Think about it. In any relationship, if you don’t approach the situation with mutual trust and respect, if you don’t listen and ask questions; if you don’t have a dialogue. Communication stops. Statements start. Trust evaporates. Usually, when that happens in any relationship, it ends badly. You are not being social. You are being obstinate.
Since social marketing is as new an idea as it is disruptive, we haven’t seen the full impact that these social ripple effects are having on organizations or industries. Therefore, few organizations, if any really, have moved into Step 4, but many are on their way! As more companies move across the chasm, this will force their competitors to follow suit. For everyone that makes the move, either by choice or by force, the new learned ‘social’ behaviors will eventually become engrained behaviors and that’s when social marketing becomes the norm and the power of social will be felt, understood and acknowledged.
Social is here to stay folks. That’s a fact. What the impact is, no one yet knows; only that it will be substantial. So where are you on crossing the social chasm? Is the cliff ahead of you or behind you?
I’m one of those people who needs to have the latest and greatest right away. So, when Facebook introduced Timeline, its much-anticipated massive overhaul to user profiles (think curated digital scrapbook), I upgraded immediately. I didn’t bother reading what it was all about or how it worked. I simply had to have it.
Then the holidays came and my Facebook life was put on the backburner as I spent quality time with friends, family and Hollywood’s latest blockbusters (if you haven’t seen Hugo, by the way, you are missing out on a true masterpiece). I completely overlooked the seven-day review period where I was supposed to work through my Timeline to get things ready before going public Little did I know that after the review period, there’s no turning back.
As is the case with any major upgrade, the new Timeline requires patience and commitment. Since I don’t have a lot of time these days, my initial instinct was to look for the “go to static view” button. But, I couldn’t find it. Certainly, Facebook wouldn’t require us to live with this change, right? Wrong.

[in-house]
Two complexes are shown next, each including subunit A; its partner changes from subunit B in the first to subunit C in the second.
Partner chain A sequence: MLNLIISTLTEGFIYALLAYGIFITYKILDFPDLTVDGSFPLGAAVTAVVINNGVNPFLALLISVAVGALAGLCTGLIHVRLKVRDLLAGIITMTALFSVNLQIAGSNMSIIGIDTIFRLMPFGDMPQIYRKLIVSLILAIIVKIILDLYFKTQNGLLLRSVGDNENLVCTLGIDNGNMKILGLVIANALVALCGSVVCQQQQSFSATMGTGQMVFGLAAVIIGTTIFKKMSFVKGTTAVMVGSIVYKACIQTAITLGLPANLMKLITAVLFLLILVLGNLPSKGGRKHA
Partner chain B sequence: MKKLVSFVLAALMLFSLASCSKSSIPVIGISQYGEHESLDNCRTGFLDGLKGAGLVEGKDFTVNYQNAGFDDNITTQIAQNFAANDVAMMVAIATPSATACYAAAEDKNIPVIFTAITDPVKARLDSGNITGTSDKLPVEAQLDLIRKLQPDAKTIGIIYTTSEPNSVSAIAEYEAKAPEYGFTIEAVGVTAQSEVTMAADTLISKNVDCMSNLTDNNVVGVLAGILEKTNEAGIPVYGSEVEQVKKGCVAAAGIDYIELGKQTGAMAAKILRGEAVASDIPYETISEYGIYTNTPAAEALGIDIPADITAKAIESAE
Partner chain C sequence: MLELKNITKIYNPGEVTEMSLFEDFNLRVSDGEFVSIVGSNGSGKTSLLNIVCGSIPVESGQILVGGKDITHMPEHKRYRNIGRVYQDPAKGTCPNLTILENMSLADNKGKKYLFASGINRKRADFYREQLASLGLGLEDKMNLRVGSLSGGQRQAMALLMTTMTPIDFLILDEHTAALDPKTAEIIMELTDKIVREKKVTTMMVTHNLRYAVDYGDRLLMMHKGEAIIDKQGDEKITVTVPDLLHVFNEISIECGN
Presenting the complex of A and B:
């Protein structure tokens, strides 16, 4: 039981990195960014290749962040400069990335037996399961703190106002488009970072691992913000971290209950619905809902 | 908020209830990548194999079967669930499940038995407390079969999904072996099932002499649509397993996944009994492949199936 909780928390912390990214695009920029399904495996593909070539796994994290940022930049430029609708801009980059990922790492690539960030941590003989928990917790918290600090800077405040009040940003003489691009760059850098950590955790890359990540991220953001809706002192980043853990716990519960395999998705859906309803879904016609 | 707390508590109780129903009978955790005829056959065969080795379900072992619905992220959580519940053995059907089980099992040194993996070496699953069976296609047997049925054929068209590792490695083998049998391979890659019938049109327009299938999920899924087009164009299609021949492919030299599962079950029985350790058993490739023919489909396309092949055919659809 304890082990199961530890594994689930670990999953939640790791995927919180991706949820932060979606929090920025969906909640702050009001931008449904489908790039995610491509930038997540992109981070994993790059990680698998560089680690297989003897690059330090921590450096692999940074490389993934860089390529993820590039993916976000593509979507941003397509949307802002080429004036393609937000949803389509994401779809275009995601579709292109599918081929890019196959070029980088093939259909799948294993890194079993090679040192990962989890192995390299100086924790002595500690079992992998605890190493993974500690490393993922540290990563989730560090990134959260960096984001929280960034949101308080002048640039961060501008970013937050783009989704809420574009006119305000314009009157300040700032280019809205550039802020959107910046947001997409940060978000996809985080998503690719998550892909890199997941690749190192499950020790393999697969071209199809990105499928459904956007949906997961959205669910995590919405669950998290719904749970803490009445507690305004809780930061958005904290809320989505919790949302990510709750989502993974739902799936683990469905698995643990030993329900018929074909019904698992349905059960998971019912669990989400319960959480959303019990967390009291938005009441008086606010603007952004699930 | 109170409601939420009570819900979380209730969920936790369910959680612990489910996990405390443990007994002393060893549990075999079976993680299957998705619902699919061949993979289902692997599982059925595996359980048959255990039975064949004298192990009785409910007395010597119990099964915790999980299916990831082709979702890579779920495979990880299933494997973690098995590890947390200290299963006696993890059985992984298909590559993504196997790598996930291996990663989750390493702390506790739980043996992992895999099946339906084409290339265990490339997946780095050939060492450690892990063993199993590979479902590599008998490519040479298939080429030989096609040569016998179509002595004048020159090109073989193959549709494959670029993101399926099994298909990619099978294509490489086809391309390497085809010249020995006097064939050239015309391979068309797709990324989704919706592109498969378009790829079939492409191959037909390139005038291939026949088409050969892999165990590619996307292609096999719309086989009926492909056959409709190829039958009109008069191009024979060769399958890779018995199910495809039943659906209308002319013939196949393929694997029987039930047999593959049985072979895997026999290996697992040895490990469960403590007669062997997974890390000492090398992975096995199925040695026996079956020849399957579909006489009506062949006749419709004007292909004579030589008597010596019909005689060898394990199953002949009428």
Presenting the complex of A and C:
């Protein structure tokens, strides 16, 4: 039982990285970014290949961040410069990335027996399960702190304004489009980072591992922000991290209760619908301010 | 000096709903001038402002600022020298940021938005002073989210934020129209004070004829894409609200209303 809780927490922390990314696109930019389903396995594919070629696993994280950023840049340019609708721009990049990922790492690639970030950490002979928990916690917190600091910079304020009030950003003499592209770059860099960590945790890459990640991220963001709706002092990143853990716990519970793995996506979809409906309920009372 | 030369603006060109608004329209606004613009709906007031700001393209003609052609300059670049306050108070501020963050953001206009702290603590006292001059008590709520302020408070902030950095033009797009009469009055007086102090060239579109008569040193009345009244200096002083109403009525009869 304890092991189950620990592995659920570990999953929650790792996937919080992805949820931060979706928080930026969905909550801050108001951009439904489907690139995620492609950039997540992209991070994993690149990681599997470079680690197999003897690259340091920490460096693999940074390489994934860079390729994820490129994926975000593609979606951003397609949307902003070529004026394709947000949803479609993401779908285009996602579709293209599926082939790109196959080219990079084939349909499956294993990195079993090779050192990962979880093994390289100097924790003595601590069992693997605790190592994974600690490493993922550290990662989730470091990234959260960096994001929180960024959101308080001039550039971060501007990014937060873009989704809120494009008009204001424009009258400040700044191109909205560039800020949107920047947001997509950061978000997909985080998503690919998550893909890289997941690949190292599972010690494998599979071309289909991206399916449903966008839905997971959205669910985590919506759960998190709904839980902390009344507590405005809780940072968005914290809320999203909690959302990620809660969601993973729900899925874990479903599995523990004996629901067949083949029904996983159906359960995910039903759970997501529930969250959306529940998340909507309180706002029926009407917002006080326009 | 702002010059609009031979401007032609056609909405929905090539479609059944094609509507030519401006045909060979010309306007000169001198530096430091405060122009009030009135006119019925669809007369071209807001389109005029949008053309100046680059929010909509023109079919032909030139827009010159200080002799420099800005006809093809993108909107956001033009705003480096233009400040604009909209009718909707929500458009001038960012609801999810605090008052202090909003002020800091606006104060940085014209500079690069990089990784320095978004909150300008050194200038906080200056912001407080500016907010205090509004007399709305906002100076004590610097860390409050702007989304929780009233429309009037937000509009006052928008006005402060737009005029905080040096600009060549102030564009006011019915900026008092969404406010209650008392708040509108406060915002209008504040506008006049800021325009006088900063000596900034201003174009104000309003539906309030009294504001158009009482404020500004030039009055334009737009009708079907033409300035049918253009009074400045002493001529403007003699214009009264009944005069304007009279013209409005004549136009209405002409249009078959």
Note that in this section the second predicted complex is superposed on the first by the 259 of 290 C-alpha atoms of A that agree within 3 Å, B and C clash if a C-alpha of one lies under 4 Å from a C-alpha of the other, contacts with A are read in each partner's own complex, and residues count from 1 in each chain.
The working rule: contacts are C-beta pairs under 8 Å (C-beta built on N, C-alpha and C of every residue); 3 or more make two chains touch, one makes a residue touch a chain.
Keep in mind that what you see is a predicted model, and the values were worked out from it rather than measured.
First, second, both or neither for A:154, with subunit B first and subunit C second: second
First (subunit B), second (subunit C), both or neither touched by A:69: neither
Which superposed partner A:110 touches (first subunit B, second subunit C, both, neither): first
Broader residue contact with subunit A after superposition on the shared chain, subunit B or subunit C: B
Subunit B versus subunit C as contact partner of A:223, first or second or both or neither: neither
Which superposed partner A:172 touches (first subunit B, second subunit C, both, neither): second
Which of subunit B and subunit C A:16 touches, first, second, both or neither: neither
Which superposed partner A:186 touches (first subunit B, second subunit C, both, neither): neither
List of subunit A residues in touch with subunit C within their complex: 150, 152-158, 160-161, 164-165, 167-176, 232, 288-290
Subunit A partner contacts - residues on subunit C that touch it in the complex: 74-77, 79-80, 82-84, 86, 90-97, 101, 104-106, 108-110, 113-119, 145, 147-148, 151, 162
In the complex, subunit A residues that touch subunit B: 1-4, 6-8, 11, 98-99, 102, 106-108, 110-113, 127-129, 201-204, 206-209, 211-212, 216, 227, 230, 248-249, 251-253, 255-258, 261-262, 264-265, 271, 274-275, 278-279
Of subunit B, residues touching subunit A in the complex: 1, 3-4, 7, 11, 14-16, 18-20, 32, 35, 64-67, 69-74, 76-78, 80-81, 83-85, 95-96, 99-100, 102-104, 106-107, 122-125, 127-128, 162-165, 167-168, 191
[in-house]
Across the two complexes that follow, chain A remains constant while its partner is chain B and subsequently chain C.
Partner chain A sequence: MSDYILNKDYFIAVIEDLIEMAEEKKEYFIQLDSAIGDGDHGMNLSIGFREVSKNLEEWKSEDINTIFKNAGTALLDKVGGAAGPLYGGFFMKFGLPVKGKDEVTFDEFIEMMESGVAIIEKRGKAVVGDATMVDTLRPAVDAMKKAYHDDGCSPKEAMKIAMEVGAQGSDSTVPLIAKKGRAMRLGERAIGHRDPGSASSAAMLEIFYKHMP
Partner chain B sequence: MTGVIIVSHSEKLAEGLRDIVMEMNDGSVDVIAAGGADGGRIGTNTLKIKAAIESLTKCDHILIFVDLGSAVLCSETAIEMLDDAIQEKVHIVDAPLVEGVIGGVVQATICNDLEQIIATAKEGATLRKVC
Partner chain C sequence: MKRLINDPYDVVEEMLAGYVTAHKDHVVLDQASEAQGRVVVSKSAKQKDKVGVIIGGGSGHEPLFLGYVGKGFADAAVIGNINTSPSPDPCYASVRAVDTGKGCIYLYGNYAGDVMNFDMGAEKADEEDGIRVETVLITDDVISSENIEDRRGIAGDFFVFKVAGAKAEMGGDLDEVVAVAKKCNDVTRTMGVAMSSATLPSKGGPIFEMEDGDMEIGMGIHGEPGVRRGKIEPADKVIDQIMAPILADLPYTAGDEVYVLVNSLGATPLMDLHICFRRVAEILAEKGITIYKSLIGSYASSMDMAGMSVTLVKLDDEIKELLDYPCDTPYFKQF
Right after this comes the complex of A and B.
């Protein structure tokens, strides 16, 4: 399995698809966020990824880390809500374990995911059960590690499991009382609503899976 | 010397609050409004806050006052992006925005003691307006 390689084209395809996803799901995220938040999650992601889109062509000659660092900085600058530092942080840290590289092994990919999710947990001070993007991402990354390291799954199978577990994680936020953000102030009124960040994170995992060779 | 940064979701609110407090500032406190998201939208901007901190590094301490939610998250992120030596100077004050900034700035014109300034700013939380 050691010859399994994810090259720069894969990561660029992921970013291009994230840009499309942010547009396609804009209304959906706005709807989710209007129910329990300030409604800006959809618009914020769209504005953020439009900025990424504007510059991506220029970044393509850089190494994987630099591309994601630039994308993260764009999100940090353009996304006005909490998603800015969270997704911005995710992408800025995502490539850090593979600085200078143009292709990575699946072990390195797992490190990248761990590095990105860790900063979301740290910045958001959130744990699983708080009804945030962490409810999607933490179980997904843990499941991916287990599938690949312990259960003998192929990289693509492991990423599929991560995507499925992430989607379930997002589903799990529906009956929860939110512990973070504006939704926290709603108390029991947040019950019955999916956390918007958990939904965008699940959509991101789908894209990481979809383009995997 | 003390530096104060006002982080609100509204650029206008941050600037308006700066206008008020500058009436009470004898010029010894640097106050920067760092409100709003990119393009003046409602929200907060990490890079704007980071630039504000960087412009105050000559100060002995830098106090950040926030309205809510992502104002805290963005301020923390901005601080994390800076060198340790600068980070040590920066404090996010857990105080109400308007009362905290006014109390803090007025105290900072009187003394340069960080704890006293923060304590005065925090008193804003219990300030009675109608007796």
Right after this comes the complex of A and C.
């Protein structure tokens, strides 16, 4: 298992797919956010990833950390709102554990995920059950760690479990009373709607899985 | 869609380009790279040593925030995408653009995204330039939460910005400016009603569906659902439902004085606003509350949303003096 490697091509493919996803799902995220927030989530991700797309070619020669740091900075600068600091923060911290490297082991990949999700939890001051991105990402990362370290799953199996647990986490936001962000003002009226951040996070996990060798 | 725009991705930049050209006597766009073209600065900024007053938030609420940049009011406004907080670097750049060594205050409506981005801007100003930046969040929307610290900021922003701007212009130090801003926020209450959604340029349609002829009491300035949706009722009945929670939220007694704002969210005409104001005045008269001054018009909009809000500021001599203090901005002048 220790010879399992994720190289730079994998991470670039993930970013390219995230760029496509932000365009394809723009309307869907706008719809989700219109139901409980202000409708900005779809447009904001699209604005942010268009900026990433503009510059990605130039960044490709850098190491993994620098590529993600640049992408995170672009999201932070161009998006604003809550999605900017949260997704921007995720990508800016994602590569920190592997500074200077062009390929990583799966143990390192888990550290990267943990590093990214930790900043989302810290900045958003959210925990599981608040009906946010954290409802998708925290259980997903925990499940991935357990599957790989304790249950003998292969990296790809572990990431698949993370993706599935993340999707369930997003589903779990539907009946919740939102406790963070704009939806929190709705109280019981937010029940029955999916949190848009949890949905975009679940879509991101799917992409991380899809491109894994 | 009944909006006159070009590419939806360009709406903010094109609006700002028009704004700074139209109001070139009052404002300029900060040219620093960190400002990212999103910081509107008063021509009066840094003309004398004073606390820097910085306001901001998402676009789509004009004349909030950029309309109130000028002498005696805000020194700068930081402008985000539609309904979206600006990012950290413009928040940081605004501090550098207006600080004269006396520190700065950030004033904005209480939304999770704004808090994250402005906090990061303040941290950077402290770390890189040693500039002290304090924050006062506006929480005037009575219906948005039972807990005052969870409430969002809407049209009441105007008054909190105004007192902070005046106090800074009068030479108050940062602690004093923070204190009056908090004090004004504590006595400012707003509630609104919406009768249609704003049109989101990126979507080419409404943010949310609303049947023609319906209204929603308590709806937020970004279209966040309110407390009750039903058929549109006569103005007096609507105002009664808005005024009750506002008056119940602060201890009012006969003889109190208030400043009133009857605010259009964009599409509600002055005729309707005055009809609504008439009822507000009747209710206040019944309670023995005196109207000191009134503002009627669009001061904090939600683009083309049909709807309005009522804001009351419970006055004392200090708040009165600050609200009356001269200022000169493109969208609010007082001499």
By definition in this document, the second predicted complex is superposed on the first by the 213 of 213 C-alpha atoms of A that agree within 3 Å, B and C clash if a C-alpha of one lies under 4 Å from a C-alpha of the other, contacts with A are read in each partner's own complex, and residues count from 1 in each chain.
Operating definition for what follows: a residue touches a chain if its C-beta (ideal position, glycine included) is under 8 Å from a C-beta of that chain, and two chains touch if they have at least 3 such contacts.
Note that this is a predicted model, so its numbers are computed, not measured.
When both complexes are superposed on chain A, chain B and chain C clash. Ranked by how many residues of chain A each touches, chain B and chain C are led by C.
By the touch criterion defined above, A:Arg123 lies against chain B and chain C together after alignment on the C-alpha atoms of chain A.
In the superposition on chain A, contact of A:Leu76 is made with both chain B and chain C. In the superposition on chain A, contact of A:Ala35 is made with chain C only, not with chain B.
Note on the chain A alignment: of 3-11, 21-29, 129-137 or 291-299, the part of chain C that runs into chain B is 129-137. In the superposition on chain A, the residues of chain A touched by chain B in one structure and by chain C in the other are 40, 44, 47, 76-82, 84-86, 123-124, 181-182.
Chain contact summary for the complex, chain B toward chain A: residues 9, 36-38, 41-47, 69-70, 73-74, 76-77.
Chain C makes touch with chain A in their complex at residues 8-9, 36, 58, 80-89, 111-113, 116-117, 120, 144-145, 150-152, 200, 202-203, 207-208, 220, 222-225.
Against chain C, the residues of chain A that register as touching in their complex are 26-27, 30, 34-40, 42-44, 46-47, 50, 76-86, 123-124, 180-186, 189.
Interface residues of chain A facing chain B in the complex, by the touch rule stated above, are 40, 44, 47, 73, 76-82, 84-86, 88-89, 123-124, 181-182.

(Really? Really? Do you really need to rush us into such a dramatic change?).
So, I turned to Google and found pages upon pages of strategies for turning back time. Apparently, I wasn’t alone.
According to InsideFacebook, scammers are exploiting the negative sentiments surrounding Timeline by prompting the disenfranchised to Like, download or watch videos to deactivate, remove or disable it. I was one of those suckers.
I’ve now come to accept that resistance, my friends, is futile. While only a fraction of Facebook users have already adopted Timeline and it’s still an option, pretty soon it won’t be. According to the Associated Press, “There’s no sense in holding out. Timeline will eventually go live for everyone on Facebook, whether or not the user has taken the time to prune and optimize the Timeline view. It’s best to be proactive and make sure what people will see is what should be seen.”
So, I’m in the process of curating my new look to the world and preparing myself for my Facebook makeover. And, I admit, the more time I spend with it, the more I like it. I just needed time.
It will be interesting to see how marketers will embrace Timeline when it becomes available. To date, there has been no official release date for brands, but Mashable offers an interesting glimpse of what we might expect. How about you, have you revealed your new face to the world?
A simplified approach to segmentation.
Our industry applies many labels to people based on known usage and behavioral patterns with social media. There are great thought leaders and researchers in this space comparing historical data to emerging trends. However, we find ourselves swimming in a big bowl of alphabet soup these days, and names are beginning to lose their meaning and impact.
A few years ago we attempted a major undertaking to cut through the clutter and simplify segmentation as part of a Center of Excellence initiative for a major technology company. The project included:
· Deep analysis of the current approach to community member segmentation
· Evaluation of membership segmentation methodologies in external communities
· Examination of published research on the psycho social factors that motivate and drive individuals to affiliate with and become active within communities, social networks and brands
· Review of more than 140 information sources including articles, e-books, videos, presentations and conducted one-on-one interviews
We found that 4 main segments bubbled up to top of the lengthy list: Creators, Critics, Connectors and Collectors, because their main activities and behaviors were consistent across the Engagement Continuum:
Next, we developed scenarios to tell us how, where and when to engage these segments throughout the different stages of the product lifecycle.